Trustees for the two city of Detroit pension funds have globe-trotted to the tune of $380,000 in the past year, the Detroit Free Press reports today.
The trustees “often traveling in packs, with virtually no limitation on where they went or how often they traveled.
Trustee Ronald Gracia spent the most time on the road -- billing the General Retirement System for $105,000 in travel, including three trips to Singapore and $18,600 on travel to Hong Kong, according to records provided by the pension funds,” the Freep reports. To gather records for the story, the newspaper was forced to sue the two retirement systems, which charged over $3,000 for the sought after records.
“The Free Press sought additional travel and other documents in late 2008 but was told those records would cost more than $41,000.
In its suit, the Free Press said the fees violate the law and are "unconscionable. As such, they constitute a constructive denial of the Detroit Free Press' FOIA requests."
Pension fund lawyers have described the Free Press' case as "entirely frivolous." They agreed in May to turn over some records as part of the litigation.”
Most of the trustees and their lawyer did not return calls to the Freep, but one, Garcia, did defend himself in an email, stating that his further education in ways to invest pension money required his travel.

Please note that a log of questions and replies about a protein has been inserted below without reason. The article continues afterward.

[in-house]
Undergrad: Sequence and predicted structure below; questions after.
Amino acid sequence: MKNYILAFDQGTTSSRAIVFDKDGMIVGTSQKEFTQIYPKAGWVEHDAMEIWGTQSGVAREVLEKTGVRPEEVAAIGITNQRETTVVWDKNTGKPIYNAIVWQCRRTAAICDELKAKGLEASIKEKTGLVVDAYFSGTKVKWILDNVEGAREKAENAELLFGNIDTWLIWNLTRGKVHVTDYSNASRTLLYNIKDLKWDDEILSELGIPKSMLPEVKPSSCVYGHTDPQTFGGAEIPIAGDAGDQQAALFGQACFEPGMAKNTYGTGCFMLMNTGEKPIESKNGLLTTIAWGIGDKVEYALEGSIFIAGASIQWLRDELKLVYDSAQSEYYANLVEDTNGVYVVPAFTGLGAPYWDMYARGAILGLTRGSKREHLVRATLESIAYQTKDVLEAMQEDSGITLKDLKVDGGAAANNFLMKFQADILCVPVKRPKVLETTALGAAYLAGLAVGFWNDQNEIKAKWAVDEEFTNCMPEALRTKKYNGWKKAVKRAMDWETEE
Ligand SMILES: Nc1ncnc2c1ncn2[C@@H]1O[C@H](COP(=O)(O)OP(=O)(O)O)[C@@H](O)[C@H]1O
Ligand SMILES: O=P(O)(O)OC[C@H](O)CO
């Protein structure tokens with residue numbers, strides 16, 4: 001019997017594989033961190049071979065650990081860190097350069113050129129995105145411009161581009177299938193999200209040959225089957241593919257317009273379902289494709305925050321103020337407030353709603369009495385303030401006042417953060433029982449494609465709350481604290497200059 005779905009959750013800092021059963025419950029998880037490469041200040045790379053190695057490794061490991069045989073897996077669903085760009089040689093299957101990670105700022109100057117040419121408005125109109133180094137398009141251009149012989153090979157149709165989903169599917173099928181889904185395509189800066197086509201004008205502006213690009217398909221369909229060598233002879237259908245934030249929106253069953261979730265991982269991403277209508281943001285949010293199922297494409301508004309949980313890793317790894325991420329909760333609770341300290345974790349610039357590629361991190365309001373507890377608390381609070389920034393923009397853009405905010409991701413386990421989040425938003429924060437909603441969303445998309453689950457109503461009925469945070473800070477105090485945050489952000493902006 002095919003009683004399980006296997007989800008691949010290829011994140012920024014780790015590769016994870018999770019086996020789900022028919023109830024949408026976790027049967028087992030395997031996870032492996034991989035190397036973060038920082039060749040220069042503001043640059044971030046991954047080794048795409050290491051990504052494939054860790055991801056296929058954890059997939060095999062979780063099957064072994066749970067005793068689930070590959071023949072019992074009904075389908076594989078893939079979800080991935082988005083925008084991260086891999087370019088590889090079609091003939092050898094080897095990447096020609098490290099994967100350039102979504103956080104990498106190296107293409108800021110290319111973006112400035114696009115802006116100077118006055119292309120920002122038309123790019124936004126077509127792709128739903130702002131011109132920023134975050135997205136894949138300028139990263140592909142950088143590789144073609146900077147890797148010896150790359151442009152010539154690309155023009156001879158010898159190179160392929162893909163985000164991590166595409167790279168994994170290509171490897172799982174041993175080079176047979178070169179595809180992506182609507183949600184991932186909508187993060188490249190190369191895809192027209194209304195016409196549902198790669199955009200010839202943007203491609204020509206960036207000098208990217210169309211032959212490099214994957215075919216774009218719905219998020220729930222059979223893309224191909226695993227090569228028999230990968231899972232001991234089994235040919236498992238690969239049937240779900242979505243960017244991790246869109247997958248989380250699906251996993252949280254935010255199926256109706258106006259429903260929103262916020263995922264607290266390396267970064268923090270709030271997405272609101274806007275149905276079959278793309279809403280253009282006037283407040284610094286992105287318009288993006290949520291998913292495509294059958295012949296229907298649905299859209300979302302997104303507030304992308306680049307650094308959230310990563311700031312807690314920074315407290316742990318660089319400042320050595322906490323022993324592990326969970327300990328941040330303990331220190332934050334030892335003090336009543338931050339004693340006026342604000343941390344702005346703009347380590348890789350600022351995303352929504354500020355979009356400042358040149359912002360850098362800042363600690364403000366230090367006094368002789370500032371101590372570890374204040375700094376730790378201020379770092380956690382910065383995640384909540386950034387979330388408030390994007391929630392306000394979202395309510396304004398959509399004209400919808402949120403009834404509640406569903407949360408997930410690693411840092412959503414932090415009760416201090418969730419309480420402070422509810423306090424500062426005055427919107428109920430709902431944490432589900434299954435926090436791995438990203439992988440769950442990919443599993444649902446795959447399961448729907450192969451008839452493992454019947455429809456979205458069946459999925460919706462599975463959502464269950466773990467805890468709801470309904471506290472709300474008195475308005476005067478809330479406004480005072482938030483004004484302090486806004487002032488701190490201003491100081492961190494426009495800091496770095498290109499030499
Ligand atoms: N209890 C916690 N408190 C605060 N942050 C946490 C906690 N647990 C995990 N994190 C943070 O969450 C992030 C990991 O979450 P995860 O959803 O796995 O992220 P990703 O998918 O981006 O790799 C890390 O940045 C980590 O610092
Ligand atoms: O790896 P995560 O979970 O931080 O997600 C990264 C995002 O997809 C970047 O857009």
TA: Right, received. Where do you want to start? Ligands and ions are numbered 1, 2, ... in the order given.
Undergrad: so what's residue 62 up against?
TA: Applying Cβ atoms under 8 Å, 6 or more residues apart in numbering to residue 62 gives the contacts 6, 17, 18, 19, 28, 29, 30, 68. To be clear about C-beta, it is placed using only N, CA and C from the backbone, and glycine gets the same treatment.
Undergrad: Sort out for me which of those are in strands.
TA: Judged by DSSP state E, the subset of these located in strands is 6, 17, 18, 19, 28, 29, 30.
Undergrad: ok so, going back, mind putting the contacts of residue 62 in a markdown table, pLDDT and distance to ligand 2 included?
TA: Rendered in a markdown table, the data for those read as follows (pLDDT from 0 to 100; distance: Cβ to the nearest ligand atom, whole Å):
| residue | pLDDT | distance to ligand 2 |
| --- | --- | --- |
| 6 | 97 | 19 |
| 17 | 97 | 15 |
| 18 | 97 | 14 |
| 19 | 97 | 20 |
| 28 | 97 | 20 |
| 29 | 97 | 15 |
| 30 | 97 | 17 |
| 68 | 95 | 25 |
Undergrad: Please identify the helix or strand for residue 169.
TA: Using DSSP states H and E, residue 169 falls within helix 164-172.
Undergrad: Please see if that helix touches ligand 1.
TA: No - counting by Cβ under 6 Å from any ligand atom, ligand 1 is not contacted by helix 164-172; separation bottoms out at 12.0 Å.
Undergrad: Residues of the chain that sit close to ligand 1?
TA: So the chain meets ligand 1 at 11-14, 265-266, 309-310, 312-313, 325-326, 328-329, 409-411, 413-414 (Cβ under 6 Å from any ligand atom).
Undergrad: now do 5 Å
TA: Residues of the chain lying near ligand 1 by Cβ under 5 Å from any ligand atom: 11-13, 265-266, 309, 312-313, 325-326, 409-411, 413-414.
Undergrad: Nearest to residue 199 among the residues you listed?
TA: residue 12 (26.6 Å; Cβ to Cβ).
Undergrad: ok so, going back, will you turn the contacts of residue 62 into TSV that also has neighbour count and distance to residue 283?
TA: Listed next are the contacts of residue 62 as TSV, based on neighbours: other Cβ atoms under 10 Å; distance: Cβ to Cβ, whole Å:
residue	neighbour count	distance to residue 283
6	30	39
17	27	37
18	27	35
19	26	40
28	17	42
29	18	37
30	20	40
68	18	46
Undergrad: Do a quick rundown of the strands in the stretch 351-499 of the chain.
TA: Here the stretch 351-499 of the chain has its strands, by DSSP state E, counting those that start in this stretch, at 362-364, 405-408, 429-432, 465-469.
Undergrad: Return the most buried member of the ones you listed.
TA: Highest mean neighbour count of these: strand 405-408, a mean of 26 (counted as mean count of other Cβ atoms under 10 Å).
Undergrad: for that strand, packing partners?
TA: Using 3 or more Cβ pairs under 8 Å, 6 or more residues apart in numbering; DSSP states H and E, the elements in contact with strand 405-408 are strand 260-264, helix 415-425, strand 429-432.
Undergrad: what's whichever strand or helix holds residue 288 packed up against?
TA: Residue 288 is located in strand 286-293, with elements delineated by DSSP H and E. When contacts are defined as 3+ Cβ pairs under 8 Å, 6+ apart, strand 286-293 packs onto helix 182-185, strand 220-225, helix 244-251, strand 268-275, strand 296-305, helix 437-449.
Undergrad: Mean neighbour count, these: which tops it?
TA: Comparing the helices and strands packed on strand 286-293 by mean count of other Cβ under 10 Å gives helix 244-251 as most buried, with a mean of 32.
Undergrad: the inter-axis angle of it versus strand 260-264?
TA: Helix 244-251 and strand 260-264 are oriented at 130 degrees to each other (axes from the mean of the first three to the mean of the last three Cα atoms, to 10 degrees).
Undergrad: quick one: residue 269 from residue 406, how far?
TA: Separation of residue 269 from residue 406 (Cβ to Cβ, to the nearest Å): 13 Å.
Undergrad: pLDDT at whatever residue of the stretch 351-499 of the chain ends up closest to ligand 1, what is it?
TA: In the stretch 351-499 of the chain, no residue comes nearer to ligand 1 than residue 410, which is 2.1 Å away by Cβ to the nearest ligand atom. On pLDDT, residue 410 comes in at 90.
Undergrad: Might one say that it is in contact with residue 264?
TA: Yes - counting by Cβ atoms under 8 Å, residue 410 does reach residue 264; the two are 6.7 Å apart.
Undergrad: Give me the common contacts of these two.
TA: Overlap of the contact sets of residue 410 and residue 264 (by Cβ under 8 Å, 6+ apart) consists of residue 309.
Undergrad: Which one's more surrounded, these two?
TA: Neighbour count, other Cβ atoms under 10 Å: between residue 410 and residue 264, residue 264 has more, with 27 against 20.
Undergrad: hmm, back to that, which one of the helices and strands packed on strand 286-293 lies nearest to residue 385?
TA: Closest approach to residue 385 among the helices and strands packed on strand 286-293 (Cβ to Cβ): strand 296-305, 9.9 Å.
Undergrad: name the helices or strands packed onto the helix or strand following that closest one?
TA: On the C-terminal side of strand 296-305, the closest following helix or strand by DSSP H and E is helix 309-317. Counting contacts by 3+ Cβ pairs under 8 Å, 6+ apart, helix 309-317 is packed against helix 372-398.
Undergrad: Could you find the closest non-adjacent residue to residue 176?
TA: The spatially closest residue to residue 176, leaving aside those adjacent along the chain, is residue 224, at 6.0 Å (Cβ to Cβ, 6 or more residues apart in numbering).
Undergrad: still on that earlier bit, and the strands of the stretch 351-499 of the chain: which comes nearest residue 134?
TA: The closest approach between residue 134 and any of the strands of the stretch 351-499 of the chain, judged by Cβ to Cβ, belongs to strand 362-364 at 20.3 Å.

The pension funds and their administration have been questioned before, most recently in May as the Freep tried to obtain records.
In 2003, two audits were scheduled of the $2.2 billion fund after the discovery that board trustees had racked up $586.269 in travel costs between 1999 and 2002. Third Circuit Court Judge John Gillis Jr., barred board members from taking some scheduled trips -- to destinations including Arizona, California and Florida -- for pension business.
Also that year, “the pension board sued Mayor Kwame Kilpatrick and [city CFO Sean] Werdlow, alleging Werdlow was interfering with trustees' ability to perform pension board duties by demanding accountability for time spent conducting pension business on city time,” according to a story in Crain’s Detroit Business.
In 2004, Werdlow tried to impose some kind of oversight on the trustees but nothing came of it. Werdlow today is at Siebert Brandford Shank, a securities brokerage. Would have loved to seen his comment in the Freep story, which does a fine job detailing the unfettered abuse of the public trust in a city with a deficit of over $300 million.